cratylus Jedi Grand Master star 4

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    May 9, 2001
    I don't think he was going to "possess" Rey, but that his spirit would commune with hers and he would live on and sort of merge with her. Rey would still be Rey, but she would have regular mental conversations with his shadow from that point on and he would be able to advise and influence her.
     
  5. The Legions of Lettow

    The Legions of Lettow Jedi Master star 5

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    Oct 14, 2015
    I share this view. She’ll internalize him. She would be his avatar any more than Snoke is when he said I am ‘Snoke’ and In made ‘Snoke’.
     
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  6. SateleNovelist11

    SateleNovelist11 Force Ghost star 6

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    Jan 10, 2015
    I think that TROS portrayed the Sith almost in the same manner as the ancient Sith. They are interested in sorcery and preservation. They don't seem to care about the Rule of Two anymore. Maybe the novelization will tell us more. But if I banish the EU from my head, that's what I see. Palpatine seems to have more in common with Naga Sadow and other ancient Sith insofar as he wants to preserve the Sith, even if they are the rebels, not the rulers. Of course, Palpatine being Sidious, he wants to rule and be on top. That's why there's an argument that Plagueis, Malgus, and other Sith were more humble than him. Humble as far as megalomaniacs go. Wink.
     
  7. Parparamia

    Parparamia Jedi Master star 3

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    Sep 17, 2004
    so im hearing from all this that JJ is a good movie maker, but a bad story teller. :)
     
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  8. SateleNovelist11

    SateleNovelist11 Force Ghost star 6

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    Jan 10, 2015
    Visually, the movie was gorgeous. Story-wise, not so much.

    But I could have taken this movie, even if it was dumb. Let's say the Sith are not the Rule of Two Sith of the Banite style. Let's say that they are like ancient Sith. Let's say they worship the Dark Side as though it's some dark, nihilistic form of pantheism. Yeah. That would be a good idea, and that would have helped improve this story a lot, I think. That's just my perception.
     
  9. BigAl6ft6

    BigAl6ft6 Force Ghost star 7

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    Nov 12, 2012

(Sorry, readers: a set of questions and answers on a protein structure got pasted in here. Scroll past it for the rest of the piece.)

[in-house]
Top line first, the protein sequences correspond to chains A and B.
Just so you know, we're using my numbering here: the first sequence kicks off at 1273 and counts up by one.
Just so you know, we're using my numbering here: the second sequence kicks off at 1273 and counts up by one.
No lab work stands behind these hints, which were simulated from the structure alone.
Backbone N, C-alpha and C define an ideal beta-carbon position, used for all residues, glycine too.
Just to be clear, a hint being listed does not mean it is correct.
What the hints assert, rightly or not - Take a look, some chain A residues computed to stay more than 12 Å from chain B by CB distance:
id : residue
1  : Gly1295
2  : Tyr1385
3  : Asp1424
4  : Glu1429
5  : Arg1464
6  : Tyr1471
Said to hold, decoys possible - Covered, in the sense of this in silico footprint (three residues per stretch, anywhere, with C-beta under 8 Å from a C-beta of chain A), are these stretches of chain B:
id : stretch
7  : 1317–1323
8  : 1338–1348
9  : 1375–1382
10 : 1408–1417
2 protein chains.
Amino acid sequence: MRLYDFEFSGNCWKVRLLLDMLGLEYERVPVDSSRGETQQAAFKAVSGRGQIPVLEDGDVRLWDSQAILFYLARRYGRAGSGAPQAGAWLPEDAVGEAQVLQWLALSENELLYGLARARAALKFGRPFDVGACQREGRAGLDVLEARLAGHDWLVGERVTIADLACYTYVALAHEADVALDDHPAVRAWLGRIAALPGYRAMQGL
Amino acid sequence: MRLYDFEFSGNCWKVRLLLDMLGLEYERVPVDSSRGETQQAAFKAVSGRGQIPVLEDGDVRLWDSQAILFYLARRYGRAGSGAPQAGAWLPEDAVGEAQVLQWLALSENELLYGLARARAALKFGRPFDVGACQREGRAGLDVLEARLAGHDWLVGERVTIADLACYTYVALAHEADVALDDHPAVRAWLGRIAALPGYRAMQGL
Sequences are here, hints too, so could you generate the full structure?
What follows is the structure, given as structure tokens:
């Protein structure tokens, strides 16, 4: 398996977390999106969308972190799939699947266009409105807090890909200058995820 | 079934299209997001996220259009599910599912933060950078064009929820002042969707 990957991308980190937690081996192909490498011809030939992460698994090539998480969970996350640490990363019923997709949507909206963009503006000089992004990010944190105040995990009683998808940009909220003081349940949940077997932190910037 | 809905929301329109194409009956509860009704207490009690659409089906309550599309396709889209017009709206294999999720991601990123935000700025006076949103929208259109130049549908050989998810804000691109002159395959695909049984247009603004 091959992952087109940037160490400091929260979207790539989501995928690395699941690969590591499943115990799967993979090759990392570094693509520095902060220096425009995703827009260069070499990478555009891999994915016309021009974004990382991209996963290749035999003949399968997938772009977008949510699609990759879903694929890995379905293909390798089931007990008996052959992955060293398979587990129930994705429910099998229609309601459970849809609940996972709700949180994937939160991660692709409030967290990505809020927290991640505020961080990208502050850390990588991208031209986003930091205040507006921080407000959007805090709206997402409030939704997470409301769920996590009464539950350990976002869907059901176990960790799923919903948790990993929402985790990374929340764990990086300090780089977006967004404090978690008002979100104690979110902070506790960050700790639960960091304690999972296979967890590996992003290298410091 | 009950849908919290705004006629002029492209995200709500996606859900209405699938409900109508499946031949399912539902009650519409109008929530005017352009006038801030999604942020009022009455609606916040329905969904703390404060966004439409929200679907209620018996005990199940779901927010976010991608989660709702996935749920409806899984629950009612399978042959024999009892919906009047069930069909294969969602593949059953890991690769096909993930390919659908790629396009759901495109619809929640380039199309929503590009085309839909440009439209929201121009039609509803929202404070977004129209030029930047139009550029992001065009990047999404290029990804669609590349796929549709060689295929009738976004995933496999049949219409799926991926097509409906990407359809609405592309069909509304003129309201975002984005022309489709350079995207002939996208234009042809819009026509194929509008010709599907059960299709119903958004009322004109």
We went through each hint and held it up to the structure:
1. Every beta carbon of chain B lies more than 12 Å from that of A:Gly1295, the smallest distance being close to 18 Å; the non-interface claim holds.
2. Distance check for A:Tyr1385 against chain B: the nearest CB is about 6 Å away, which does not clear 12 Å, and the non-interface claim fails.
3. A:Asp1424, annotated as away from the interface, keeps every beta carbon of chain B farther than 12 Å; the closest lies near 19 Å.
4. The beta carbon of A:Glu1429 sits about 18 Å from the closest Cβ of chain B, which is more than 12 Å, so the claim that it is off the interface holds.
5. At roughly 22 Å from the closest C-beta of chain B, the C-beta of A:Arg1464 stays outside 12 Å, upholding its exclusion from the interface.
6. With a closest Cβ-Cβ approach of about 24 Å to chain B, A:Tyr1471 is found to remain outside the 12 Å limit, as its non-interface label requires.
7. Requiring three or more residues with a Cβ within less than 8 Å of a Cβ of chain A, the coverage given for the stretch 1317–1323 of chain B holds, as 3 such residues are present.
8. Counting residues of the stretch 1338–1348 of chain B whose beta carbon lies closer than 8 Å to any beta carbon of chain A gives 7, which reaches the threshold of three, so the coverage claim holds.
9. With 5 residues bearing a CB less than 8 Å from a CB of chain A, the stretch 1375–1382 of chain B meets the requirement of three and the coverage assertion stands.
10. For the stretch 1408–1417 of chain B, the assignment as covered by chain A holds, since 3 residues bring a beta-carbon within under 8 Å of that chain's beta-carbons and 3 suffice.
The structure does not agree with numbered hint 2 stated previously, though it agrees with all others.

That one lippy First Order general does call them fanatics, sorcerers and cultists and Pryde seems to be almost dark side motivated "like I served you in the old wars" so they're definitely seem motivated by the dark side, although I don't think they're actual dark side powered folk, just they believe in the ideology.
     
  10. A Chorus of Disapproval

    A Chorus of Disapproval TV Screaming Service / FFS! star 9 Staff Member Manager

    Registered:
    Aug 19, 2003
    Definitely. Tenebrous, Plagueis, et al, were content to have their actions be building blocks for the eventual revenge of the Sith, whereas Sidious made it entirely clear that all of his predecessors' work was to prop himself up and the plan would end with him, whether any prior Sith ever saw it that way or not.
     
  11. SateleNovelist11

    SateleNovelist11 Force Ghost star 6

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    Jan 10, 2015
    Certainly. I find Tenebrous and Plagueis very interesting. The former was basically like a physicist, and the latter was like a chemist. I’m sorry if I am misspelling the first one. I’m on my phone, not my computer. Sidious was a talented politician, but his brain is overrated in my view. He owes a lot to his master and his master’s master. I mean, don’t get me wrong. He was crafty and successful. He just was always 14 years old emotionally. Kinda scary.
     
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  12. The Legions of Lettow

    The Legions of Lettow Jedi Master star 5

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    Oct 14, 2015
    Stupid iPhone and autocorrect. He does owe a lot to Plagueis and Tenebrous, bur not as much as in the novel. That otherwise excellent novel shouldn’t have had Plagueis in the TPM events or even close to these events.
     
  13. ScreamingWoman2019

    ScreamingWoman2019 Jedi Knight star 4

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    Aug 11, 2018
    I think there was at least a reason for that. At some point Plagueis watches Qui-Gon and Anakin having a conversation (maybe that one about the midichlorians) and then :
    Or, if we read this from the 2020's perspective: 'Plagueis should have been killed, to keep Sidious from learning how to cheat death. Plagueis was the key to everything'.

    Plagueis and Qui-Gon, pioneers in cheating death, made TROS Palpatine and the jedi FGs possible.

    The novel was supervised by Lucas, according to Luceno. You get a sense of the place Lucas' mind was around 2011-12, just before he sold the company. Surely he noticed how his idea of the chosen one (Vader destroying Sidious in ROTJ, the prophecy being fulfilled) and his ideas about the jedi and sith surviving ROTJ (already hinted at in ROTS) clashed. 'What happened to Vader's grandchildren?', Lucas' question to Abrams, is just another way of saying 'what happened to Vader's grandchildren's grandfather?'